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Cousin Harley

in Reviews

Cousin Harley ‎– It’s A Sin

Little Pig Records ‎– LPR002 [2010]
Conductor Man – She’s Comin’ Back – Beaver Feaver – It’s A Sin – The Ballad Of El Swartho – 2 Bottles Of Booze – Hoss’ Hoedown – I’ll Keep My Old Guitar – Swingin’ Like A Mofo – Red Hair Baby – Spooks – Sweet Little Angel – Spaghetti No Sauce

Cousin Harley is the hard-rocking side of Paul Pigat. The other band members are Keith Picot (double bass) and Jesse Cahill (drums). The album is engineered by Marc Lesperance, who worked with Ray Condo and Ronnie Hayward.
The opening track is a hard-hitting neo-rockabilly song in the lines of Runaway Boys in terms of melody. The next one is a Rockabilly-blues meets jazz number, and sounds like Brian Setzer meets the Paladins. An explosive combination if there is one.
Next is Beaver Fever is a superb Travis picking instrumental. The title track has more of a dark western feel, with a surf edge. The Ballad Of El Swartho is an instrumental with an exotica touch.
2 Bottles of Booze is a rocking blues number that reminded me of Pigat’s fellow Canadians, the Nervous Fellas. Hoss Hoedown sounds like Rawhide or Bonanza on speed.
It’s time for some hillbilly-jazz with their cover of Adoph Hofner’s I’ll Keep My Old Guitar. They take it at an almost frantic pace, but it works well, though it doesn’t allow the song to fully swing.
Another instrumental follows. Do you remember those fast-paced instrumentals by Jimmy Bryant and Speedy West when you think “Oh the poor rhythm section!”, well, this one falls in that category. Pigat should fine his own Speedy West and record a full album in that style.
Back to rockin’ blues with Red Hair Baby, followed by another instro, a slow one this time, that would be the perfect soundtrack for a spooky Film Noir.
Sweet Little Angel is another western swing influenced song which, I must say is not his strongest point. This one sounds more like Asleep at the Wheel than Bob Wills.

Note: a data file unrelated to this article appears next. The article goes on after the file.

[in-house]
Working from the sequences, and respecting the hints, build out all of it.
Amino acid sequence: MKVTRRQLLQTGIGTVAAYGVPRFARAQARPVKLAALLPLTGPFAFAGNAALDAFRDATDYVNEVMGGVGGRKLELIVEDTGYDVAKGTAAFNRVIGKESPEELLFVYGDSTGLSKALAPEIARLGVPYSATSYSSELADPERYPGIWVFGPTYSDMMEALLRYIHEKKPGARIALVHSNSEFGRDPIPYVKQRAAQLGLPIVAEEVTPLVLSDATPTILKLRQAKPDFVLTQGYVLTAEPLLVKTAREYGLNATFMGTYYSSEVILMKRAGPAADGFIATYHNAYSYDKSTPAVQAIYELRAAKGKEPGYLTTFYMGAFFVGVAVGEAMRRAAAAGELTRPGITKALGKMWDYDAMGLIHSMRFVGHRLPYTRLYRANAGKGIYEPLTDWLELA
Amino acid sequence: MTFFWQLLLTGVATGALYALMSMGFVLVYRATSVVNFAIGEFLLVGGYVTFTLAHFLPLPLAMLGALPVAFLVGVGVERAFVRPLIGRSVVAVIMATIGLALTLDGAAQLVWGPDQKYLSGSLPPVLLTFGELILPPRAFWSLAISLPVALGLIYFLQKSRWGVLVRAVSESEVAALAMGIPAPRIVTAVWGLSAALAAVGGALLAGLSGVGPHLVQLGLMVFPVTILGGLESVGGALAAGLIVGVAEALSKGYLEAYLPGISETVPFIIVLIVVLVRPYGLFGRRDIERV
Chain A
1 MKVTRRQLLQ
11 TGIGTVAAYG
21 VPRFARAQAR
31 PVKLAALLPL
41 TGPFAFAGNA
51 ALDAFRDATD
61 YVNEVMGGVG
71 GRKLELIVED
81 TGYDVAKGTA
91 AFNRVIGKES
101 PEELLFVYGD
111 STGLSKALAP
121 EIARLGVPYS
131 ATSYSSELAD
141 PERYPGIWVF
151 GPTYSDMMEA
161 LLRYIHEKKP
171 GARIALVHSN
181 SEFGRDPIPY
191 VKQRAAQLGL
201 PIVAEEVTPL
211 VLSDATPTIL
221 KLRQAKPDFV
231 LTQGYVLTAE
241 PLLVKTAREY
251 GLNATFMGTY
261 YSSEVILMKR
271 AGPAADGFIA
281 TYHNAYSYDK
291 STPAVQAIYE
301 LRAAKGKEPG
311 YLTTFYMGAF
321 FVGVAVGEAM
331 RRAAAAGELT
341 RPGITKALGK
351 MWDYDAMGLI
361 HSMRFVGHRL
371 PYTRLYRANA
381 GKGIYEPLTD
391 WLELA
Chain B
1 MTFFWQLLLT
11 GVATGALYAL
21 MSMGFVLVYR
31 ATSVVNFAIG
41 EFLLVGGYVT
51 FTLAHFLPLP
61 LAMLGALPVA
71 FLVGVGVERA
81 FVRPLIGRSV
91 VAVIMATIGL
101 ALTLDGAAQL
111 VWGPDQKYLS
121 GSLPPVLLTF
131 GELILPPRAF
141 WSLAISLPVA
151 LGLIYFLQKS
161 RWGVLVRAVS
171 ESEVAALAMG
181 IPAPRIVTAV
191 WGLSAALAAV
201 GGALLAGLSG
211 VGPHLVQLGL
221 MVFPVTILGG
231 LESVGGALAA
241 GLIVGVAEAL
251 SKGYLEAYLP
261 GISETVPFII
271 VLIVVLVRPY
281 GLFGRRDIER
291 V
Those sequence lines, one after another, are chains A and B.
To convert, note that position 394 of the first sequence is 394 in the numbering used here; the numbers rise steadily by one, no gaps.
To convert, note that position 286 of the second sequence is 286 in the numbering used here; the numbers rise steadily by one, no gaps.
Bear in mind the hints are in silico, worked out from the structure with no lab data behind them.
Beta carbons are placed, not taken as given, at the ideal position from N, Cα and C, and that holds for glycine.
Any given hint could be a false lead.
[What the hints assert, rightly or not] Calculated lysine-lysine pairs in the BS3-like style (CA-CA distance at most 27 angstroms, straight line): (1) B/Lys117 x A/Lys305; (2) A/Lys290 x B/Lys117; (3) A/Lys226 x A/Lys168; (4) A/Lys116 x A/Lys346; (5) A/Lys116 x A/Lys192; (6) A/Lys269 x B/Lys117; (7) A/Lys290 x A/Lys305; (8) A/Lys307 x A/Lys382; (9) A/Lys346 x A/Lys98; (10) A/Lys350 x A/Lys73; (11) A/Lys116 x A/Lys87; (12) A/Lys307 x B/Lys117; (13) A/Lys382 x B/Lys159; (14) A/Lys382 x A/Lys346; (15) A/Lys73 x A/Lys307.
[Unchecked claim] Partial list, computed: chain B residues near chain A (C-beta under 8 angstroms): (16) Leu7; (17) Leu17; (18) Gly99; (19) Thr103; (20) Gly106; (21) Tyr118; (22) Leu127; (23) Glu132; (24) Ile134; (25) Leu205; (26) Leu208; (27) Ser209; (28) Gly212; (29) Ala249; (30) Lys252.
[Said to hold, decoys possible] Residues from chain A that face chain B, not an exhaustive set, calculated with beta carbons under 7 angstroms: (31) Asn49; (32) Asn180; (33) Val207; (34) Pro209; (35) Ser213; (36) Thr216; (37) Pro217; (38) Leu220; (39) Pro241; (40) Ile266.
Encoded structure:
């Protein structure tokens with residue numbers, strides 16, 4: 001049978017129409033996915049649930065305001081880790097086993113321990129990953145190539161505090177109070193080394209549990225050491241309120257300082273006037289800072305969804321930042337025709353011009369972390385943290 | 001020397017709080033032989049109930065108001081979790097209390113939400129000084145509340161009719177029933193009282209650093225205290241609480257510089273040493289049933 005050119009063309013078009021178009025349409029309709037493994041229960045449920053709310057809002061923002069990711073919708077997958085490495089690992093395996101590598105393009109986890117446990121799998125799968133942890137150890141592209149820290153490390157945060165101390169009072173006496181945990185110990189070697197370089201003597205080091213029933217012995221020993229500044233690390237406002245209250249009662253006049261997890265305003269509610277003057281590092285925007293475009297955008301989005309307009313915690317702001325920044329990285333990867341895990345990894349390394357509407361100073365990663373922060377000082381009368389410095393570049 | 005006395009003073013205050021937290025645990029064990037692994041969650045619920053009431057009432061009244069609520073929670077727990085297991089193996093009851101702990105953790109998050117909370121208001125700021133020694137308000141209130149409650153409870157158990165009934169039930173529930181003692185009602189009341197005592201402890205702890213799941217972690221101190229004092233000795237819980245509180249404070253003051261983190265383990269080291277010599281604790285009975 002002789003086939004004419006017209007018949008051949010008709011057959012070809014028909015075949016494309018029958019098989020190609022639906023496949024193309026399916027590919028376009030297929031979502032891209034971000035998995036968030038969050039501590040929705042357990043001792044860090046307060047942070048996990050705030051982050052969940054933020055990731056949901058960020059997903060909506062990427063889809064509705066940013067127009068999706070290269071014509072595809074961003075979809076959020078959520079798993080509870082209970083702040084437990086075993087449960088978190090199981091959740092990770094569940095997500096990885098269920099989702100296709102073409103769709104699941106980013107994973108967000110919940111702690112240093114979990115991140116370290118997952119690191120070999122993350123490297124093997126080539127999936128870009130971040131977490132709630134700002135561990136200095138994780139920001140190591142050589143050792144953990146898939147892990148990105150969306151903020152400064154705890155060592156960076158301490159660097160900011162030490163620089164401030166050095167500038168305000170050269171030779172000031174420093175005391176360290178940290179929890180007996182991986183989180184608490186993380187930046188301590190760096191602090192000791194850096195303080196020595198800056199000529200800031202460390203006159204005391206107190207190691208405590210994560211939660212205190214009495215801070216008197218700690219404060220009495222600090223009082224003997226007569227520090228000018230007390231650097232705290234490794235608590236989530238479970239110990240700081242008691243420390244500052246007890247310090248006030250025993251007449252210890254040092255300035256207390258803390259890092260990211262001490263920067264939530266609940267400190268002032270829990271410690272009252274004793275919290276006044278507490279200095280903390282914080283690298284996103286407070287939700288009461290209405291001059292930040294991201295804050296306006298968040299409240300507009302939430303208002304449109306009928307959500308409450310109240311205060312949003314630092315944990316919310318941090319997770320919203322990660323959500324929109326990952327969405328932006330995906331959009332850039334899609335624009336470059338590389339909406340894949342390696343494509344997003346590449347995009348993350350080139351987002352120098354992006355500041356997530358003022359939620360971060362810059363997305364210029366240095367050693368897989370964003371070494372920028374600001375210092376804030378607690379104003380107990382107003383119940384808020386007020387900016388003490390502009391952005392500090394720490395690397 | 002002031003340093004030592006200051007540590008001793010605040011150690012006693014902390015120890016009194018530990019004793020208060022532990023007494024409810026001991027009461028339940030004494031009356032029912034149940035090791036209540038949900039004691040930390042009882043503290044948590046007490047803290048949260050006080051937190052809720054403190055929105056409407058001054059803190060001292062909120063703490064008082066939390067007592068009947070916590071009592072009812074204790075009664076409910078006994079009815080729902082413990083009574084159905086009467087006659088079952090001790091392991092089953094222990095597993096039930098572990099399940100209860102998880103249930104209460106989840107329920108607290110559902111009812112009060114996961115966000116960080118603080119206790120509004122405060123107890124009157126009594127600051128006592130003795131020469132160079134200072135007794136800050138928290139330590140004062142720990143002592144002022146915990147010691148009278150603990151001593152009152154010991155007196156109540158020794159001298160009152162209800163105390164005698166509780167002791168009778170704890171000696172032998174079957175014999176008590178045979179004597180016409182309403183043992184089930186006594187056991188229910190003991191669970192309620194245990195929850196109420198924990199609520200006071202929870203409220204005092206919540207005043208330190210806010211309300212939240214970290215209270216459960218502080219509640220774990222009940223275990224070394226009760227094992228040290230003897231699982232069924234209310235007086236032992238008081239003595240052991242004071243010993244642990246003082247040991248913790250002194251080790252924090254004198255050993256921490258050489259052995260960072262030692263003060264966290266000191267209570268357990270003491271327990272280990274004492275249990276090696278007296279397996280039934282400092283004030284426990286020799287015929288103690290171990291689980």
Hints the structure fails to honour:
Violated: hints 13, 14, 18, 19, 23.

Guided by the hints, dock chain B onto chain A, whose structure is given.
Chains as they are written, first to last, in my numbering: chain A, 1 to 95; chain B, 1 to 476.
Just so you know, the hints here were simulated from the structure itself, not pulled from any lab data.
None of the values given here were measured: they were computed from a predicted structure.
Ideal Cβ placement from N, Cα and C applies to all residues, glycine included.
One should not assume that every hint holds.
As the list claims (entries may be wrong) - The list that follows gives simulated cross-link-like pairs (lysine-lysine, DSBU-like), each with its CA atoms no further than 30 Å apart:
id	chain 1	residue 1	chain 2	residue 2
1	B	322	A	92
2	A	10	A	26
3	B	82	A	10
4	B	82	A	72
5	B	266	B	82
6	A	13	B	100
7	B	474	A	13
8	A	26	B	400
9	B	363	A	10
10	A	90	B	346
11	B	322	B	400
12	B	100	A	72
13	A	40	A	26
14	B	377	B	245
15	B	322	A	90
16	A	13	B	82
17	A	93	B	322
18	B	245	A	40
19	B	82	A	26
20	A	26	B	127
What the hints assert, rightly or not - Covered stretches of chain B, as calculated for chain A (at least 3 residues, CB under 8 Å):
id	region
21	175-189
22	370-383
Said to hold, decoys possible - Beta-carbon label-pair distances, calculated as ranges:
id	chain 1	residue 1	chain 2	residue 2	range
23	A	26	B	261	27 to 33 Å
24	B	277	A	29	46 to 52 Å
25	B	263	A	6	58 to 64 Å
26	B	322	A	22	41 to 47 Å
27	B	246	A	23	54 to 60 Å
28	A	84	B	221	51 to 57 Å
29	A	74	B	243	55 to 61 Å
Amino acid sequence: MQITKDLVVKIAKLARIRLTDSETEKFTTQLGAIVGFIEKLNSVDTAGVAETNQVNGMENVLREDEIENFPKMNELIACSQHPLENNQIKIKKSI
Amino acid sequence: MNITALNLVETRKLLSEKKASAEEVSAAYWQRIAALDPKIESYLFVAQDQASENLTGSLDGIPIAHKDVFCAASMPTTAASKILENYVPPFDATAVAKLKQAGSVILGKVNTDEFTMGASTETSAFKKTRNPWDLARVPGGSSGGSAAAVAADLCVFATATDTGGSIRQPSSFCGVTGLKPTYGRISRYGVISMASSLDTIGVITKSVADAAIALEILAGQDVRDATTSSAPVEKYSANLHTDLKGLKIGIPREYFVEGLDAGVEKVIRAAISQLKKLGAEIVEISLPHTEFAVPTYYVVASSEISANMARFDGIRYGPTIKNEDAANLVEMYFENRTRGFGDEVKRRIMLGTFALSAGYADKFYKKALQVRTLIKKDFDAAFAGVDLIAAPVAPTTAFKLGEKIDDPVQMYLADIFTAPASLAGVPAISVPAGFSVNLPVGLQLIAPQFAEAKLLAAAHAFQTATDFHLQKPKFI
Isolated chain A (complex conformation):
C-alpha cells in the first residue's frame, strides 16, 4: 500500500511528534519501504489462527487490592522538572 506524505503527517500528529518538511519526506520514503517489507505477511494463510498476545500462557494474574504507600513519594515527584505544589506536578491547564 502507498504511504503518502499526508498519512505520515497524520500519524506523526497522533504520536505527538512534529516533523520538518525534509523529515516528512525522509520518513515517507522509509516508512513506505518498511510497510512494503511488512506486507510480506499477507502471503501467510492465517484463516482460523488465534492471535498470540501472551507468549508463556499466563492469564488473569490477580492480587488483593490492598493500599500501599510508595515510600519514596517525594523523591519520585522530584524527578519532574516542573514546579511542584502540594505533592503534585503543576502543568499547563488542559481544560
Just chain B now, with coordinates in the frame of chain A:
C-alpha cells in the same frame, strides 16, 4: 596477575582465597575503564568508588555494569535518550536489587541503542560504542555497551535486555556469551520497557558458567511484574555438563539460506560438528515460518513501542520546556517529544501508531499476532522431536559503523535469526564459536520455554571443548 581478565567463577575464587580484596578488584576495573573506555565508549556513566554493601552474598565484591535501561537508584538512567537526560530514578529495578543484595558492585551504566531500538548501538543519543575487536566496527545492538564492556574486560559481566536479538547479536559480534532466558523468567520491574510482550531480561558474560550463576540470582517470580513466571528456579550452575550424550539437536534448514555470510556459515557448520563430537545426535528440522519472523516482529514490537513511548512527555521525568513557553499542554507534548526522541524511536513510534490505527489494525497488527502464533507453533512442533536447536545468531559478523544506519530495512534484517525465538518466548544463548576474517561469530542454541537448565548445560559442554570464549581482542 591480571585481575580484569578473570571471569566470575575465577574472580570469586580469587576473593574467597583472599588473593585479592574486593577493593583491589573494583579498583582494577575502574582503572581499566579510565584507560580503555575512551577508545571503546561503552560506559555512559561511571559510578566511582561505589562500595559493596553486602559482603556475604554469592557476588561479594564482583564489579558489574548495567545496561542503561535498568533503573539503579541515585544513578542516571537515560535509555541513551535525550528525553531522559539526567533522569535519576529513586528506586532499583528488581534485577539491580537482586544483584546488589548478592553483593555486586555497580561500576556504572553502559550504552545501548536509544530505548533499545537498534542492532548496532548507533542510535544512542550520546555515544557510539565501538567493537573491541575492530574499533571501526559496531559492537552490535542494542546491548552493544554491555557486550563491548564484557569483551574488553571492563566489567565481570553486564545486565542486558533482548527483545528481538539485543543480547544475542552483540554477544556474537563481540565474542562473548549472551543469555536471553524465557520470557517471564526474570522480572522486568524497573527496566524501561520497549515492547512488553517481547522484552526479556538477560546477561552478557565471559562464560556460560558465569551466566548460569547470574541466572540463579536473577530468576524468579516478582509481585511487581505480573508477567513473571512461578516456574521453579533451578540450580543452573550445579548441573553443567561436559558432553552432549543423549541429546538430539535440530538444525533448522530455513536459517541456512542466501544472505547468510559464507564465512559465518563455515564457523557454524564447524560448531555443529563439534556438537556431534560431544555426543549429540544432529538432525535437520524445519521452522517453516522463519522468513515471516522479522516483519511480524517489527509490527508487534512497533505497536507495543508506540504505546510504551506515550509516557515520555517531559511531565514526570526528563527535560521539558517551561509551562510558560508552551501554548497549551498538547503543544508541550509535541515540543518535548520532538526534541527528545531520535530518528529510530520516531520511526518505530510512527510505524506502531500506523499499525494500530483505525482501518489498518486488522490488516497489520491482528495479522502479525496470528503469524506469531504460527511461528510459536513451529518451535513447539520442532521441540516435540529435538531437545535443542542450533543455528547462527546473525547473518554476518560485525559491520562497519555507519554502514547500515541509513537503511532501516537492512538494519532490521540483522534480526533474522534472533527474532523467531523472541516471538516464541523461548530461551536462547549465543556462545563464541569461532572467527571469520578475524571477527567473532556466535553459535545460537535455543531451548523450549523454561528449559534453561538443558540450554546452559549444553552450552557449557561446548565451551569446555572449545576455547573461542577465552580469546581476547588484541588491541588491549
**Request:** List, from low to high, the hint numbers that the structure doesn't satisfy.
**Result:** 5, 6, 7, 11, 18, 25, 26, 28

The closer could be the theme of a modern western, mixing ingredients of classic movie themes, surf and a dash of Morricone thrown in for good measure.

Fred “Virgil” Turgis

Slim Sandy / Slim Sandy and his Hillbilly Boppers

in Reviews

Slim Sandy & the Hillbilly Boppers – Done Gone!

Crow-Matic Records 2018
Done Gone!  – Chicken Shack Stomp – Romp and StompI’ve Got the Boogie Blue

Though tempting, it’s not always evident, nor fair, to compare one band to another to describe its music. You can give a vague idea, but you can also fail to describe the band’s personality. And you can’t deny that Slim Sandy and the Hillbilly Boppers have tons of personality. Album after album they created their style and no contemporary band sounds like them.
If you ever asked yourself (be careful, it’s here that I slip the comparison) “What if the Delmore Brothers had recorded a session with the Cannon’s Jug Stompers?” I guess that the result would be quite close to Slim Sandy and the Hillbilly Boppers’ latest ep.
The title track is pure hillbilly yet rocking at the same time. Chicken Shack Stomp is in the same vein and features Mike Sadava on steel guitar. Both are sung by Slim Sandy.
The B-sides opens with Romp and Stomp. Willa Mae and Slim Sandy sing harmony vocals on that one. I wrote it in previous reviews but let me say it again: Willa Mae is a real plus to the band with her mastery of washtub bass and her contribution to the vocals. This is confirmed by Charlene Arthur’s I’ve Got the Boogie Blues on which she sings lead.
All in all, Done Gone is an excellent ep that encompasses the sound of the band perfectly. The vinyl adds to the beauty of the thing, especially with a cover drawn by Slim Sandy/Peter Sandmark.